image of Dynamics and Outcomes of Plasmodium Infections in Grammomys surdaster (Grammomys dolichurus) Thicket Rats versus Inbred Mice
  • ISSN: 0002-9637
  • E-ISSN: 1476-1645


Investigations of malaria infection are often conducted by studying rodent species in inbred laboratory mice, but the efficacy of vaccines or adjunctive therapies observed in these models often does not translate to protection in humans. This raises concerns that mouse malaria models do not recapitulate important features of human malaria infections. African woodland thicket rats () are the natural host for the rodent malaria parasite and the suspected natural host for . Previously, we reported that thicket rats are highly susceptible to diverse rodent parasite species, including , , and , and are a more stringent model to assess the efficacy of whole-sporozoite vaccines than laboratory mice. Here, we compare the course of infection and virulence with additional rodent species, including various strains of , , , and , in thicket rats versus laboratory mice. We present evidence that rodent malaria parasite growth typically differs between the natural versus nonnatural host; limit infection by multiple rodent malaria strains, delaying and reducing peak parasitemia compared with laboratory mice. The course of malaria infection in thicket rats varied depending on parasite species and strain, resulting in self-cure, chronic parasitemia, or rapidly lethal infection, thus offering a variety of rodent malaria models to study different clinical outcomes in the natural host.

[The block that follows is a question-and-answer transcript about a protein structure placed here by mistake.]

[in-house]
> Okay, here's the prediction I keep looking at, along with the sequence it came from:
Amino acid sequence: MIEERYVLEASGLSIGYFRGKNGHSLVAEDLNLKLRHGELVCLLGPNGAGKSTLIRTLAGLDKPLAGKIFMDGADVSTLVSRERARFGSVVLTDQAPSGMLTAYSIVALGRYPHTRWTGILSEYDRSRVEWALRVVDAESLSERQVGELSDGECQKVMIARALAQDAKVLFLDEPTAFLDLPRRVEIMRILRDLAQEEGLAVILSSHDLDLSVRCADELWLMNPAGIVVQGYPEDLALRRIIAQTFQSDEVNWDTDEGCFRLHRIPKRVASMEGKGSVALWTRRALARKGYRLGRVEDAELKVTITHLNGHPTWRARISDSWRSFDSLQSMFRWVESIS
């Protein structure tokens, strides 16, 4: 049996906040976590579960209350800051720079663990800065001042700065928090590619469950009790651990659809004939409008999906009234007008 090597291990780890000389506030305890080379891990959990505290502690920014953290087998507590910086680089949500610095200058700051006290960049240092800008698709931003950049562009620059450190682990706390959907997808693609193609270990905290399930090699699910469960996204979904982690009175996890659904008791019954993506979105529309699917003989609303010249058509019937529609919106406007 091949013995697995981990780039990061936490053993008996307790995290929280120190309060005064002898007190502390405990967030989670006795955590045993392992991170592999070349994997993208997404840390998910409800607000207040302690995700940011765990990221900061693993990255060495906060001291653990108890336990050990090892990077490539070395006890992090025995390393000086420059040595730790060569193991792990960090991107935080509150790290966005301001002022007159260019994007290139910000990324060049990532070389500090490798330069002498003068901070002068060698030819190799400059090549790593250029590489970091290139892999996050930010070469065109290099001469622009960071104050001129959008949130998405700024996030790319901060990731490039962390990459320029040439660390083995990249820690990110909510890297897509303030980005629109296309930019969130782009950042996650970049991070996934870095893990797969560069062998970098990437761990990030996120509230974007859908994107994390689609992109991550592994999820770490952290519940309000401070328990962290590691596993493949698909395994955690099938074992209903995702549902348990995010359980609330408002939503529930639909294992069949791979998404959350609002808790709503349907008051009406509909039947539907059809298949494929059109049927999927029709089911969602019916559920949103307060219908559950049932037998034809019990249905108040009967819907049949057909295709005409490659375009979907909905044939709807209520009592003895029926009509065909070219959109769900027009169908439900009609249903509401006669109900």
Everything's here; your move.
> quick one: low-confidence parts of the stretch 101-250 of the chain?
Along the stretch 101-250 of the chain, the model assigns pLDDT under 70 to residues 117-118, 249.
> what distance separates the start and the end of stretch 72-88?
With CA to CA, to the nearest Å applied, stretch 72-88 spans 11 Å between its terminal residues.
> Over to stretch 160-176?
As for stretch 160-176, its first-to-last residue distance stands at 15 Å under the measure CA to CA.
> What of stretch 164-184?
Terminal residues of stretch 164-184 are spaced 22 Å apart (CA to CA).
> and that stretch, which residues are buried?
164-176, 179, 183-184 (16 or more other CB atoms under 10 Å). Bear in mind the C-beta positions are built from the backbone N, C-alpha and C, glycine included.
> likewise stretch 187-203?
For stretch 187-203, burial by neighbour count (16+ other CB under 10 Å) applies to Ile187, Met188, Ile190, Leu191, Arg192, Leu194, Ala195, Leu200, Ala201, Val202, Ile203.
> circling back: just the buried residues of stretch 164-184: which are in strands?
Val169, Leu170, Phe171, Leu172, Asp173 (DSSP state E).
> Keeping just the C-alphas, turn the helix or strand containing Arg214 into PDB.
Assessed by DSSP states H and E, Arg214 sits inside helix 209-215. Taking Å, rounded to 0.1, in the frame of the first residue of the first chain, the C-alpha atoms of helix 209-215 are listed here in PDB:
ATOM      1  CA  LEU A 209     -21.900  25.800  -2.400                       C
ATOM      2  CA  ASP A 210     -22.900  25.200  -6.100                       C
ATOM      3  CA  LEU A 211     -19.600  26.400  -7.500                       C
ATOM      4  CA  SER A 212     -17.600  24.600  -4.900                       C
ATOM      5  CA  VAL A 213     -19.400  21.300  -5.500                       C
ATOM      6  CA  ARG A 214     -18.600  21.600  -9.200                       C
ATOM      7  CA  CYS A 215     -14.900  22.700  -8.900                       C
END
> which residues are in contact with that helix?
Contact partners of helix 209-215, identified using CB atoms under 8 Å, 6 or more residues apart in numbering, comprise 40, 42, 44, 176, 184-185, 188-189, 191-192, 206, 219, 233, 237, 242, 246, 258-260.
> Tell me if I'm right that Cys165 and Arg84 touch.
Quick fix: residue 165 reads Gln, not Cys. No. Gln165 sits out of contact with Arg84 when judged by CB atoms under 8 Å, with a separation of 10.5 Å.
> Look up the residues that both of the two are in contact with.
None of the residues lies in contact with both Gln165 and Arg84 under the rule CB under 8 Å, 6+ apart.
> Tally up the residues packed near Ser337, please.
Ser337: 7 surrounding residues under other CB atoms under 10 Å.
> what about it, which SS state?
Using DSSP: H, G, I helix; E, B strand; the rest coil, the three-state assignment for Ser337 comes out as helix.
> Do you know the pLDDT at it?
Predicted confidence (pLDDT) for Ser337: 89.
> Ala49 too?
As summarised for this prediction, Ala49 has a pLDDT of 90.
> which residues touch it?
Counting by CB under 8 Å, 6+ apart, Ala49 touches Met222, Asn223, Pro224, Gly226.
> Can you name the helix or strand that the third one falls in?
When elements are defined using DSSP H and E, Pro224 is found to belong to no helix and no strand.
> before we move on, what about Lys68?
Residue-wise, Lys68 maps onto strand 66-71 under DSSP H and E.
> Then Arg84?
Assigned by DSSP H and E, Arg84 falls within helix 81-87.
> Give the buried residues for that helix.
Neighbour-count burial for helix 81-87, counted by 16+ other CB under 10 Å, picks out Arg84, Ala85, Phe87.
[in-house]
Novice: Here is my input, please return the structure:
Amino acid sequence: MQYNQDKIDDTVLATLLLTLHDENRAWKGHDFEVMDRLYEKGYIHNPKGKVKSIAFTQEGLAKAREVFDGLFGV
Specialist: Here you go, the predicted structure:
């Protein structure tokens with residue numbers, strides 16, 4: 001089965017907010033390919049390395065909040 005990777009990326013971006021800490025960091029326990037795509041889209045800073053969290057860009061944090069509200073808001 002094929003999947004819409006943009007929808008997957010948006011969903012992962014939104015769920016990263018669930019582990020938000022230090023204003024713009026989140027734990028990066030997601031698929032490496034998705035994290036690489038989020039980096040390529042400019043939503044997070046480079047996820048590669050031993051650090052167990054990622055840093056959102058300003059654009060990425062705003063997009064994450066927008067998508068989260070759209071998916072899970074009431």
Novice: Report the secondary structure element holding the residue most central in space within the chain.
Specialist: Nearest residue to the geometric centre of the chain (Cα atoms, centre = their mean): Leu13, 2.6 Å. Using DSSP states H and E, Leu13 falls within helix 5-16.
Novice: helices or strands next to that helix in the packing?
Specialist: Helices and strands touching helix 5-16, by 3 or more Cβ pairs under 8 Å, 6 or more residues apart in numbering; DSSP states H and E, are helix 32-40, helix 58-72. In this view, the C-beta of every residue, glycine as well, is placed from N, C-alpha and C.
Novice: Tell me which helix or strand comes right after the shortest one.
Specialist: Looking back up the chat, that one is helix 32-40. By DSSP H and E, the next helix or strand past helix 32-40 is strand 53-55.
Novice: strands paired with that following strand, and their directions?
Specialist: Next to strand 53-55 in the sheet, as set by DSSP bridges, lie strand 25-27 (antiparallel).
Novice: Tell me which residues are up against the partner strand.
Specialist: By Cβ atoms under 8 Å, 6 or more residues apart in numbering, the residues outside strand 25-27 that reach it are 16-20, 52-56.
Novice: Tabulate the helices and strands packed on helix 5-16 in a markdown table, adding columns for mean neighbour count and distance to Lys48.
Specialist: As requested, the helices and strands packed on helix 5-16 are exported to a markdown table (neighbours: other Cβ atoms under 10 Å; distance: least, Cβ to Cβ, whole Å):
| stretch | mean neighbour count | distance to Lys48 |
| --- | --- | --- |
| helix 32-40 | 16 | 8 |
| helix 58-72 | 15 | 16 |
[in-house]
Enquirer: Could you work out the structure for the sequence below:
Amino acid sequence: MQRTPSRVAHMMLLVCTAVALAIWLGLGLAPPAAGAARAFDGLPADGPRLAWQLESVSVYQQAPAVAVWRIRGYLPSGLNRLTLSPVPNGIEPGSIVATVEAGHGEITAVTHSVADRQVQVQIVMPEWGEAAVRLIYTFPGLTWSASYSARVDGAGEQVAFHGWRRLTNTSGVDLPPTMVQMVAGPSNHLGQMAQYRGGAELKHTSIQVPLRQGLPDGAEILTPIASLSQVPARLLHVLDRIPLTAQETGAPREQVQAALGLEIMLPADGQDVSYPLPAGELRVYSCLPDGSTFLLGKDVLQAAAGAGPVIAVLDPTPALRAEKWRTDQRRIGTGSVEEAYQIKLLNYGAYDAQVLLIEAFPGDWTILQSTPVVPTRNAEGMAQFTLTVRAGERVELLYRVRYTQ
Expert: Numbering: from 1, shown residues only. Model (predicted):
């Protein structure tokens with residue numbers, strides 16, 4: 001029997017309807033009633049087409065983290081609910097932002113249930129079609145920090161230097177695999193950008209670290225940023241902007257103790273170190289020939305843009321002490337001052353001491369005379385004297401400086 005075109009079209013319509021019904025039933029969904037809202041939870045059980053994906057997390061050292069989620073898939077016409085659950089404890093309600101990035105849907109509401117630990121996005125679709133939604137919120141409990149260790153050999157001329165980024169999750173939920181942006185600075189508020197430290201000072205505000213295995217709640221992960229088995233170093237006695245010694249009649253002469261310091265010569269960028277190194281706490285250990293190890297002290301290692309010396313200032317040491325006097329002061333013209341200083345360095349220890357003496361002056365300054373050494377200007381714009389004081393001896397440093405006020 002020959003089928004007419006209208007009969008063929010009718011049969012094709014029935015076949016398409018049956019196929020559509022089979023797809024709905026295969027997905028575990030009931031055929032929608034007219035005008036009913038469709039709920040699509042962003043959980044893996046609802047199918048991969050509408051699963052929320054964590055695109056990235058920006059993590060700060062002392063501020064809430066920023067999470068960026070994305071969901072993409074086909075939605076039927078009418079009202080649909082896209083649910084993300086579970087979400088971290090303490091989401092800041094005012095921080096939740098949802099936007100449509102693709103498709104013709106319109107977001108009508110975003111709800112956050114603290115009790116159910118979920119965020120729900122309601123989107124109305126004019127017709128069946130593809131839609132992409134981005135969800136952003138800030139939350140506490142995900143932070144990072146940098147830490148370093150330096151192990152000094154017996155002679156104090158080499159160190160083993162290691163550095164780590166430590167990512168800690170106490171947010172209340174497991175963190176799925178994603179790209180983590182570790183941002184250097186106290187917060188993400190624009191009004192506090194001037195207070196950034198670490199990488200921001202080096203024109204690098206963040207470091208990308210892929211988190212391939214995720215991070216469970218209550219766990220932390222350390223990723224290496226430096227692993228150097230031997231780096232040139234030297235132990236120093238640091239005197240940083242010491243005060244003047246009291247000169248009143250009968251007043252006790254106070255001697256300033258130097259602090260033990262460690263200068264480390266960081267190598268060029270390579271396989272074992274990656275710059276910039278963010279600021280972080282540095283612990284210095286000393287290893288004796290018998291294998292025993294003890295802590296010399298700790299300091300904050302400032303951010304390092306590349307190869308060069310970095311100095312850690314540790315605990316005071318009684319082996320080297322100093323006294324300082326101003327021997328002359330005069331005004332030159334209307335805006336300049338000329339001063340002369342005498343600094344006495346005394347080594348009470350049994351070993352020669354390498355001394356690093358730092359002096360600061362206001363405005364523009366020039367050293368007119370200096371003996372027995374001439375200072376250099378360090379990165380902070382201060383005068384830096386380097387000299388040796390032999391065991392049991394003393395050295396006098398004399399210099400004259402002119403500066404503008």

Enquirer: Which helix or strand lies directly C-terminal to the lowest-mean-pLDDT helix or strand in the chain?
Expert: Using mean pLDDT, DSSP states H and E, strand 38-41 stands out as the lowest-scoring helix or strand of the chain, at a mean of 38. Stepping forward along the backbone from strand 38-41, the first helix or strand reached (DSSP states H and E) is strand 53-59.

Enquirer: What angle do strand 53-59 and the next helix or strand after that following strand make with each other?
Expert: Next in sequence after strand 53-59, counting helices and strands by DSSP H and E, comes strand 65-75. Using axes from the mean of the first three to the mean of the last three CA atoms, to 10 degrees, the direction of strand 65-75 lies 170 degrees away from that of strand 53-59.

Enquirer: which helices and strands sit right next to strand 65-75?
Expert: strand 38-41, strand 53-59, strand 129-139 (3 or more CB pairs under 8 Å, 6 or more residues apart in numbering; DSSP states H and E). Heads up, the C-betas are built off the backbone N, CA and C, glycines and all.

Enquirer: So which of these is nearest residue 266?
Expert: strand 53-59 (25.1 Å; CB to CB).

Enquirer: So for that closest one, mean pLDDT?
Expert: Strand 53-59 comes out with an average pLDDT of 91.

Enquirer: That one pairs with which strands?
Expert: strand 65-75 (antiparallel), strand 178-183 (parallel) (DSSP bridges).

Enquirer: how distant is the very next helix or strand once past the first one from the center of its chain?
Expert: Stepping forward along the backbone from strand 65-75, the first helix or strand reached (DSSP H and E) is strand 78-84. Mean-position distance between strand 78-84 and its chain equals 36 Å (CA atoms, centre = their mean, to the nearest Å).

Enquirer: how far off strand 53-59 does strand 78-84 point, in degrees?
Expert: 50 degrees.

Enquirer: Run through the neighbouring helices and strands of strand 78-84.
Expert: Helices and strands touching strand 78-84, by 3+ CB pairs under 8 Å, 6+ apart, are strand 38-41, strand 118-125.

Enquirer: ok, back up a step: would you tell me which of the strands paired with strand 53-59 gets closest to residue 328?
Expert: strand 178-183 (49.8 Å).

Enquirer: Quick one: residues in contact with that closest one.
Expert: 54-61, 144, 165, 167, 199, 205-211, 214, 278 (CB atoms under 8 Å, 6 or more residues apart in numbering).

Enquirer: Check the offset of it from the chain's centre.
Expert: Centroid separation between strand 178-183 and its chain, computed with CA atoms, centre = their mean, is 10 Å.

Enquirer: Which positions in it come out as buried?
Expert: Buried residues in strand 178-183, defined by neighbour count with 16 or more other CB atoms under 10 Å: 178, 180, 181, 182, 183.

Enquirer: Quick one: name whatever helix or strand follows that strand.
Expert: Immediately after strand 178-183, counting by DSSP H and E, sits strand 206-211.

Article metrics loading...

The graphs shown below represent data from March 2017
Loading full text...

Full text loading...

  • Received : 10 Mar 2020
  • Accepted : 25 Jun 2020
  • Published online : 17 Aug 2020
This is a required field
Please enter a valid email address
Approval was a Success
Invalid data
An Error Occurred
Approval was partially successful, following selected items could not be processed due to error